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-   -   Bench Press versus Dip (http://www.catalystathletics.com/forum/showthread.php?t=1354)

Brandon Enos 07-21-2007 01:33 AM

Bench Press versus Dip
 
Okay, I started a 5x5 type of program this week. On Wednesday, my press was the bench. I used to have problems with it, but I went back and worked on my form, no more shoulder problems, but thats beside the point.

I know in the 5x5 post earlier, the bench was brought up a lot. I know in Starting Strength (great book btw), it is part of the program, but when Mark Rippetoe talks about it, its almost as if he dislikes it and is including it for no other reason then its popularity.

My questin is, since I am not trying to become a powerlifter, nor am I in any kind of sport or group where the bench will be a measure of "manliness", should I just do away with it and work on dips and eventually weighted dips in its place?

What do you think?

Allen Yeh 07-21-2007 06:49 AM

What is your goal right now?

I'd say that the dip and weighted dip seem to be more "functional" than the bench press but I personally would never completely take it out of my exercise selection.

Elliot Royce 07-21-2007 03:24 PM

I subbed the push press (or military press or similar) for it and, while I'm probably down from my max bench press, my chest is solid enough. The vertical presses preceded the bench press anyway.

Dave Van Skike 07-21-2007 05:47 PM

Quote:

Originally Posted by Brandon Enos (Post 16752)
Okay, I started a 5x5 type of program this week. On Wednesday, my press was the bench. I used to have problems with it, but I went back and worked on my form, no more shoulder problems, but thats beside the point.

I know in the 5x5 post earlier, the bench was brought up a lot. I know in Starting Strength (great book btw), it is part of the program, but when Mark Rippetoe talks about it, its almost as if he dislikes it and is including it for no other reason then its popularity.

My questin is, since I am not trying to become a powerlifter, nor am I in any kind of sport or group where the bench will be a measure of "manliness", should I just do away with it and work on dips and eventually weighted dips in its place?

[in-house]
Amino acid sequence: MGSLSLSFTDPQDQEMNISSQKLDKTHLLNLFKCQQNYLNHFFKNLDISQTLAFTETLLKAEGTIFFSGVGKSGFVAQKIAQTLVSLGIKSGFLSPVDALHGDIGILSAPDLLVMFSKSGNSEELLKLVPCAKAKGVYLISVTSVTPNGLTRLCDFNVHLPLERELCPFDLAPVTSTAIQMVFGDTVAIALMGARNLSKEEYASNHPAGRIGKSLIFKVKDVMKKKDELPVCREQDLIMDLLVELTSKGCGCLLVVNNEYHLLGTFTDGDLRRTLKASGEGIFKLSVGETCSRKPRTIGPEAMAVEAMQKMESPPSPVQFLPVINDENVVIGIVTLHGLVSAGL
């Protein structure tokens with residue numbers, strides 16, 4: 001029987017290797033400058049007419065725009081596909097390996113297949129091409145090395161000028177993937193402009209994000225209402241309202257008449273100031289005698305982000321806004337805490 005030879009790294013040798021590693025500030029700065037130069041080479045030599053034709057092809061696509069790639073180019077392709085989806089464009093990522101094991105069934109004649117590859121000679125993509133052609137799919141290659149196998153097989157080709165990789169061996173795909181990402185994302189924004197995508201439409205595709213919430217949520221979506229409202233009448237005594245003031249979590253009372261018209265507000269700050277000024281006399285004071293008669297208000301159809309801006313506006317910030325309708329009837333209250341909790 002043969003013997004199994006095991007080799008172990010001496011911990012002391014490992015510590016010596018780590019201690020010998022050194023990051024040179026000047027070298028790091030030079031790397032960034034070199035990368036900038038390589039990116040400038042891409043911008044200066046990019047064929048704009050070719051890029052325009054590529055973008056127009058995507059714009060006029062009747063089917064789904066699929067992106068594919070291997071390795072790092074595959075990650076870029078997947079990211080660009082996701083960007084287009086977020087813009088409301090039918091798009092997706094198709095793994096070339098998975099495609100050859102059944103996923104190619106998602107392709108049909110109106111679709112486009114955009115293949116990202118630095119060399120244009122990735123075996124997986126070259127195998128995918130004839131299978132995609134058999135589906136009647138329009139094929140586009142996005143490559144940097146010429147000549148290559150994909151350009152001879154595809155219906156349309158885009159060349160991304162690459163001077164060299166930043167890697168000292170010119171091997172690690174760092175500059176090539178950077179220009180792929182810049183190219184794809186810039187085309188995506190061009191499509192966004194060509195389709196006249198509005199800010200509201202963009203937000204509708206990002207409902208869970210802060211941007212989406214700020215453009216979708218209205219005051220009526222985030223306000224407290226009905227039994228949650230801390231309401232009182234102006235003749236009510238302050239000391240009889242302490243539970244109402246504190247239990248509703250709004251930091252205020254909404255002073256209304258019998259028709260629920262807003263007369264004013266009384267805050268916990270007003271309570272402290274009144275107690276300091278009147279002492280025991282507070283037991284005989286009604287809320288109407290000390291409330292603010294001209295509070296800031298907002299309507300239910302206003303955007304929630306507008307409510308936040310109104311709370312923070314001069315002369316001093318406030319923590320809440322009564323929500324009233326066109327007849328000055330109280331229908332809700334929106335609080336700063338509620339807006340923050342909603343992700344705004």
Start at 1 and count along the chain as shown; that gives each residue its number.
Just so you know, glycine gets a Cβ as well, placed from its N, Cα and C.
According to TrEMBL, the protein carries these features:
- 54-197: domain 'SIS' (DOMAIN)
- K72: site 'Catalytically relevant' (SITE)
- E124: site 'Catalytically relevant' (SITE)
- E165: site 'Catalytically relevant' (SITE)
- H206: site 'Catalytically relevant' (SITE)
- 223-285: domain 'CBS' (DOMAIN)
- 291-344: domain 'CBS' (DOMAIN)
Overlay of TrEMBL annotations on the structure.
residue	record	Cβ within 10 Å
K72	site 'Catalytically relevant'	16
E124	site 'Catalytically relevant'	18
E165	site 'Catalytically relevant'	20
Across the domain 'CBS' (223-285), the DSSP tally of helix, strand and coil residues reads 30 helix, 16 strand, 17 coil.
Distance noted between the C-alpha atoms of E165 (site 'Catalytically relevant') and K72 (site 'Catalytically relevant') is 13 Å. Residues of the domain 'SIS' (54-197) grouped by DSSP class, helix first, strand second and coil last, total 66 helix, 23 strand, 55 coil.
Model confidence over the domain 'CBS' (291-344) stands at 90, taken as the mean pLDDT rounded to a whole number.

What do you think?

I think you're misreading Rip. the bench is certainly overdone but it is a pretty damn good exercise.

If your goal is building muscle and/or power in your upper body, pairing the bench and bench derivatives (close grip, dumbell, incline etc.) with overhead presses, rows and pull ups is hard to beat. dips are boring. I know of no strength or mass gain program built around dips. they are useful I guess, but not the best tool in the box.

Steve Liberati 07-22-2007 07:49 AM

I wouldn't eliminate the BP from your program, yet I wouldn't make it a staple either. It has its place when strength is the goal. If anything I'd use it as one of the exercises to test your upper body strength and overall progress. Say every 3 weeks or so toss it in. In the meantime, work on the bench derivatives as Dave suggested above. Oh yeah lets not forget Ring Dips. They're bad ass.

Steven Low 07-22-2007 08:07 PM

Contrary to Dave:

Speaking as a gymnast who has never done a bench ever, I can tell you that dips and overhead pressing (usually HSPUs) can build a high degree of strength and muscle mass. I've heard somewhere that dips are the squat of the upper body, and I tend to believe that notion.

Dave Van Skike 07-23-2007 12:42 AM

Quote:

Originally Posted by Steven Low (Post 16844)
Contrary to Dave:

Speaking as a gymnast who has never done a bench ever, I can tell you that dips and overhead pressing (usually HSPUs) can build a high degree of strength and muscle mass. I've heard somewhere that dips are the squat of the upper body, and I tend to believe that notion.

there you go Brandon, different perspectives. if you have means to progressively overload dips and HSPU then by all means give it a try instead of bench if that floats your boat. The only downside is that it might not work as well as as Rip rx'ed it in the program. hell, dips might even work better for you. I dislike dips and use bench very sparingly to assist overhead preses. I avoid it specifically for its propensity to build mass..I have no need for big man boobs. :D So, use whichever you like but keep to the guidelines of the program, 3-5 sets ending at a set 5 fairly heavy..try it for a while and see if it works for you. post a log, get back to us.

Charles Johnson 07-23-2007 02:13 AM

Quote:

Originally Posted by Steven Low (Post 16844)
Contrary to Dave:

Speaking as a gymnast who has never done a bench ever, I can tell you that dips and overhead pressing (usually HSPUs) can build a high degree of strength and muscle mass. I've heard somewhere that dips are the squat of the upper body, and I tend to believe that notion.


I think it was Mke Mentzer of HIT fame that coined that phrase,I could be wrong but Im sure it was either him or Authur Jones. As for replacing Bench with dips Id never do it but I tend to feel a sharp pain in my delts when I do dips, you can use more weight on Benches too. :D

Steven Low 07-23-2007 04:50 AM

Nah, you can use more weight on dips (if you include pushing your bodyweight) just like pullups are stronger than rows even though you move more externally with rows. Lat and chest recruitment is a major factor in each.

Allen Yeh 07-23-2007 08:17 AM

Quote:

Originally Posted by Steven Low (Post 16853)
Nah, you can use more weight on dips (if you include pushing your bodyweight) just like pullups are stronger than rows even though you move more externally with rows. Lat and chest recruitment is a major factor in each.


Depends upon what levels you are comparing, I have serious doubts that a 200# powerlifter that can bench 500-600 can add 300-400#'s on dips?


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